“So many rights were violated,” Bond said this week.
“Atlanta is the ‘city too busy to hate’ and the cradle of the Civil Rights movement. We cannot tolerate that type of abuse,” he said.
Chris Lopez, a former bartender at the Atlanta Eagle who was arrested the night of the raid, was not a plaintiff in the lawsuit. He has filed his own individual claim against the city seeking $250,000 for “false arrest, false imprisonment and malicious prosecution.”
Bond said council members kept the apology resolution to only the plaintiffs because of claims like Lopez and others that may occur from those at the bar that night — apologizing to everyone, he said, could put the city at further financial risk.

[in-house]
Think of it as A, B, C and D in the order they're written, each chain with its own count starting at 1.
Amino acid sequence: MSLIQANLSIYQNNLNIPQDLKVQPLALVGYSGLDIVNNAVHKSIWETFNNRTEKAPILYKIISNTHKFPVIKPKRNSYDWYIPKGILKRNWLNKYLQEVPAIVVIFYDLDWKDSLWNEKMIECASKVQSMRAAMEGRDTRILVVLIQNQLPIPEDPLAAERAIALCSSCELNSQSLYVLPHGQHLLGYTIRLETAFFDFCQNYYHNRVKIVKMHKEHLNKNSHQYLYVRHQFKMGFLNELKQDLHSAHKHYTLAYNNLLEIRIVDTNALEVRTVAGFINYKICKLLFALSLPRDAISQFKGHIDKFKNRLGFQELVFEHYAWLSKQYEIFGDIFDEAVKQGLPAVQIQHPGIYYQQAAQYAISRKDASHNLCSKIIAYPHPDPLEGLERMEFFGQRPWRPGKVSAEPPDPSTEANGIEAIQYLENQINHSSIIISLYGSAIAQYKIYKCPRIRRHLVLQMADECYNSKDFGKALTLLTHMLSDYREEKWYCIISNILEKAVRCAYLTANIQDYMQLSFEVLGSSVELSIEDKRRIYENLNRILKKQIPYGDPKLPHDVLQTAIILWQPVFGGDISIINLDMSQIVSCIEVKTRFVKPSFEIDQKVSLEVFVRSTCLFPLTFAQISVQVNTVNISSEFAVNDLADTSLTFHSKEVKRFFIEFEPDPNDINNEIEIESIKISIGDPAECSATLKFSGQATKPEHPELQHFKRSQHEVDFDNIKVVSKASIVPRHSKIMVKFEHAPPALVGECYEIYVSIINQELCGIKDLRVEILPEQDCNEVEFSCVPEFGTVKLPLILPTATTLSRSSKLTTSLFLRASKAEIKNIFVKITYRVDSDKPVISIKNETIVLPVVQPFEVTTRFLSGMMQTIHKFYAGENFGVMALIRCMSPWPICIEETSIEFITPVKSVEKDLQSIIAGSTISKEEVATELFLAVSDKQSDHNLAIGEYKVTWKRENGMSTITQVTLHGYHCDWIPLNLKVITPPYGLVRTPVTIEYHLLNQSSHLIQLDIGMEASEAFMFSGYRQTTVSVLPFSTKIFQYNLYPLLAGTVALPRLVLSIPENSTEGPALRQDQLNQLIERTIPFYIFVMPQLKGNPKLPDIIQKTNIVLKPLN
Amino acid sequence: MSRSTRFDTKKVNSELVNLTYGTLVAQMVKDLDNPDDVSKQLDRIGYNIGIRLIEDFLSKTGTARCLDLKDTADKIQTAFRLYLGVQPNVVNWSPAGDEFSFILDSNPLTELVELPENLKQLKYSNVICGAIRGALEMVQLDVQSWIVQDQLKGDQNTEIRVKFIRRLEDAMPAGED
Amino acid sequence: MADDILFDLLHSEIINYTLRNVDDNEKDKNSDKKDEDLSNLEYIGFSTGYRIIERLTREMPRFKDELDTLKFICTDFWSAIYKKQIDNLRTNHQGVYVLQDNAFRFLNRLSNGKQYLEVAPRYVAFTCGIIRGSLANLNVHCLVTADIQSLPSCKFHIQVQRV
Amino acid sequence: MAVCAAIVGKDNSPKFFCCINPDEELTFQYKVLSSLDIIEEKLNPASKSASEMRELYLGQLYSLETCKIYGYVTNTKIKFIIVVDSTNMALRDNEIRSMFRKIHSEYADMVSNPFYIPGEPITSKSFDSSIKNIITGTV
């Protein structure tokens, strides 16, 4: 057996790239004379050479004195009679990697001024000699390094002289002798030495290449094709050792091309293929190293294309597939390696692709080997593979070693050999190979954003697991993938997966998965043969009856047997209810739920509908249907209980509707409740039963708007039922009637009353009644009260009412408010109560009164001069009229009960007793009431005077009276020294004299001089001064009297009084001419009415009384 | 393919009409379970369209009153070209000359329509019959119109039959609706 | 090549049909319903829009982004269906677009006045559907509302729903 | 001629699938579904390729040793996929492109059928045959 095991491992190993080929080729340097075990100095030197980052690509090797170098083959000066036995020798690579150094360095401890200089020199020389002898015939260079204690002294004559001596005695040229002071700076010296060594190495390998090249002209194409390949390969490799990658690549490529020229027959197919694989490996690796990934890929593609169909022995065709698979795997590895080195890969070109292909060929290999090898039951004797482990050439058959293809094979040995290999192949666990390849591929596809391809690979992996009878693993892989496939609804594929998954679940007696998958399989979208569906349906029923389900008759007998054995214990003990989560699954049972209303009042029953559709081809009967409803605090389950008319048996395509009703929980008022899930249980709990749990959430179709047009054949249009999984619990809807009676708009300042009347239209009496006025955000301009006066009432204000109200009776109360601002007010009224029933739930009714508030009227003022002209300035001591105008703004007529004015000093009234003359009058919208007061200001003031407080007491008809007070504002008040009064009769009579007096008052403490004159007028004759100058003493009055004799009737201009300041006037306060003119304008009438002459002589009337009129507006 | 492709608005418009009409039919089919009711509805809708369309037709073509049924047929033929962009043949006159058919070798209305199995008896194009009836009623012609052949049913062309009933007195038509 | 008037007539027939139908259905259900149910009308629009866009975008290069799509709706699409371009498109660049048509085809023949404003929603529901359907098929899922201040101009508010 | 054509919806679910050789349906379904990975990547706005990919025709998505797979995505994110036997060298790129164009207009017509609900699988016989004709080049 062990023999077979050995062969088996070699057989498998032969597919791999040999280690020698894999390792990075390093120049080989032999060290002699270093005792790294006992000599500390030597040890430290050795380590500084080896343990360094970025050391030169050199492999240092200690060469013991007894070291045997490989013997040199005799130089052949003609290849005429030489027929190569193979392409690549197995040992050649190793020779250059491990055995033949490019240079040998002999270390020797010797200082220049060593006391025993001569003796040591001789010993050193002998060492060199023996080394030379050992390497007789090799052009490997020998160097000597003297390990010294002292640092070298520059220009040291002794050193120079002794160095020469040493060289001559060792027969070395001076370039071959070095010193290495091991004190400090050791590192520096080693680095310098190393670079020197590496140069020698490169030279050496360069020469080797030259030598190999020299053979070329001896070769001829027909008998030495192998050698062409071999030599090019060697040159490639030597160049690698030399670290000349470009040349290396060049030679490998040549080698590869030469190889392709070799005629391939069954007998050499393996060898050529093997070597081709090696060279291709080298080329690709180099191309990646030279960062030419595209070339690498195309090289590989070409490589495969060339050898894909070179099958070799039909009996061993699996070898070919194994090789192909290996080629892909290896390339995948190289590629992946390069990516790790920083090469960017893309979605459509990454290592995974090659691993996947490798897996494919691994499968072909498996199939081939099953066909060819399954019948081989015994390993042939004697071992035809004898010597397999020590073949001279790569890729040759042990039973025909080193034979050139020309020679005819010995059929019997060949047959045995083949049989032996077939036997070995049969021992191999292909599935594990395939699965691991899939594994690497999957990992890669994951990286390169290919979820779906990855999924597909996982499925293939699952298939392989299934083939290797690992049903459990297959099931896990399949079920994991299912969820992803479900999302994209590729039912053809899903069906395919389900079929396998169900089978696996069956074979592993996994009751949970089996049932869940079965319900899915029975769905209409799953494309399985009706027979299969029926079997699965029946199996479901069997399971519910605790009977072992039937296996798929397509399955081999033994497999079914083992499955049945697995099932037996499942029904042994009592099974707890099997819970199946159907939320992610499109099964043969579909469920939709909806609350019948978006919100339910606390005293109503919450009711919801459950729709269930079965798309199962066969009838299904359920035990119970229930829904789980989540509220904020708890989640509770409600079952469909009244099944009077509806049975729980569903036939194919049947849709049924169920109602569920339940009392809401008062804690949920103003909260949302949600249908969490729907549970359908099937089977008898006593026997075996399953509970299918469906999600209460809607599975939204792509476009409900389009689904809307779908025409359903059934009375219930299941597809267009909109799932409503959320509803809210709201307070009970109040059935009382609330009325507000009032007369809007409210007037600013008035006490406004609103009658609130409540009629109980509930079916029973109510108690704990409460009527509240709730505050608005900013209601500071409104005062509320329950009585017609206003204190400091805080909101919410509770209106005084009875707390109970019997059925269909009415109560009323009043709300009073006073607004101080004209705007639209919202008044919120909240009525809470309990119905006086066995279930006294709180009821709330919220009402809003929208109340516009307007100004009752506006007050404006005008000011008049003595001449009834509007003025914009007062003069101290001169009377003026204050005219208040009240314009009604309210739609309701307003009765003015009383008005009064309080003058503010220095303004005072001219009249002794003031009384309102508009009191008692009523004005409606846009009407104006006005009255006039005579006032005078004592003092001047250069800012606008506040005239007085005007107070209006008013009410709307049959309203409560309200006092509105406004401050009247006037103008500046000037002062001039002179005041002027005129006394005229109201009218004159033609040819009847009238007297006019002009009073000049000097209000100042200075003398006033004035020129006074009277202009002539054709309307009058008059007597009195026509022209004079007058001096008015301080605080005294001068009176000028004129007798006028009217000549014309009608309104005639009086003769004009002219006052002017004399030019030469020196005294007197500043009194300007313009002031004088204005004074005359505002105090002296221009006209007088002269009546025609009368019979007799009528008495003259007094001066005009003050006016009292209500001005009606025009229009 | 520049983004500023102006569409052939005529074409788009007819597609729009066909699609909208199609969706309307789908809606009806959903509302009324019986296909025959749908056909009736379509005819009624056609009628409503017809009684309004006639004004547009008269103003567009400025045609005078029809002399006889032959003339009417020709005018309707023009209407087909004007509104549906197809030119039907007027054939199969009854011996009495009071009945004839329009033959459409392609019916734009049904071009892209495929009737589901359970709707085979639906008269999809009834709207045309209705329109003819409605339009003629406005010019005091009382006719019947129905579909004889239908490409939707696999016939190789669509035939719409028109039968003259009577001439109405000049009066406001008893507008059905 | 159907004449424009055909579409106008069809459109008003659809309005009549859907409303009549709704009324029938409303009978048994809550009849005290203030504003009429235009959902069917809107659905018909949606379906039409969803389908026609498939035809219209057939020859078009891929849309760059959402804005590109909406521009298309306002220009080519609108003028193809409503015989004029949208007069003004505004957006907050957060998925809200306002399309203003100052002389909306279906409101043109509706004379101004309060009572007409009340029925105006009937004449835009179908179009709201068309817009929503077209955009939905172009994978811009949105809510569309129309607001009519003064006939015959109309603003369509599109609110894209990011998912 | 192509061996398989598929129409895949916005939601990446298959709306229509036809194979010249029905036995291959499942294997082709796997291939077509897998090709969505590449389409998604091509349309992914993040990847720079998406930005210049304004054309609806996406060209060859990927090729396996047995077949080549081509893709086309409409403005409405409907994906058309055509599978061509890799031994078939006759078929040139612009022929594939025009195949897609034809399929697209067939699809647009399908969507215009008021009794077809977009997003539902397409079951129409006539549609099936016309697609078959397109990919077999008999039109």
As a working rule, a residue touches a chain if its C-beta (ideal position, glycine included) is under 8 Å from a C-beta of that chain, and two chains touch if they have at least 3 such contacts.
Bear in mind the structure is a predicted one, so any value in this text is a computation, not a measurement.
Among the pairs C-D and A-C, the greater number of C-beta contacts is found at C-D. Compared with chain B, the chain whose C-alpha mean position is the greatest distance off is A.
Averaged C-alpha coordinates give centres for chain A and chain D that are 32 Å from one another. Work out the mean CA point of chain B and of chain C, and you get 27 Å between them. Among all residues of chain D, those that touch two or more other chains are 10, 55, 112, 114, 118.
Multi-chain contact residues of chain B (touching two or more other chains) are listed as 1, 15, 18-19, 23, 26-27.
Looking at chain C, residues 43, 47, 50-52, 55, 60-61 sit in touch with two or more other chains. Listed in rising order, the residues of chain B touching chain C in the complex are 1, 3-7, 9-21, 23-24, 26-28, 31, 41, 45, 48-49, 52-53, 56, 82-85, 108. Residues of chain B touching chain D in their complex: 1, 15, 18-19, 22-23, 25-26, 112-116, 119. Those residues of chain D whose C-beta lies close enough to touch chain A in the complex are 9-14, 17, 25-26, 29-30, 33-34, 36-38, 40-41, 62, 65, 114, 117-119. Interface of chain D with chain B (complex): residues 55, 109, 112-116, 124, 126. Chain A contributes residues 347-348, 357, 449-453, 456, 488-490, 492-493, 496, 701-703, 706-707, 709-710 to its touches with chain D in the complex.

“There were issues of concern that other plaintiffs may file, but those concerns were addressed and everyone [on the council] was on board and all felt this needed to be done,” Bond said.
And with Lopez’ complaint still to be resolved, Bond predicted that one day, “We’ll probably issue another apology to him.”
Top photo: After it was proposed by Councilmember Michael Julian Bond, the Atlanta City Council officially apologized to the Eagle plaintiffs this week for the September 2009 raid on the gay bar. (Courtesy photo)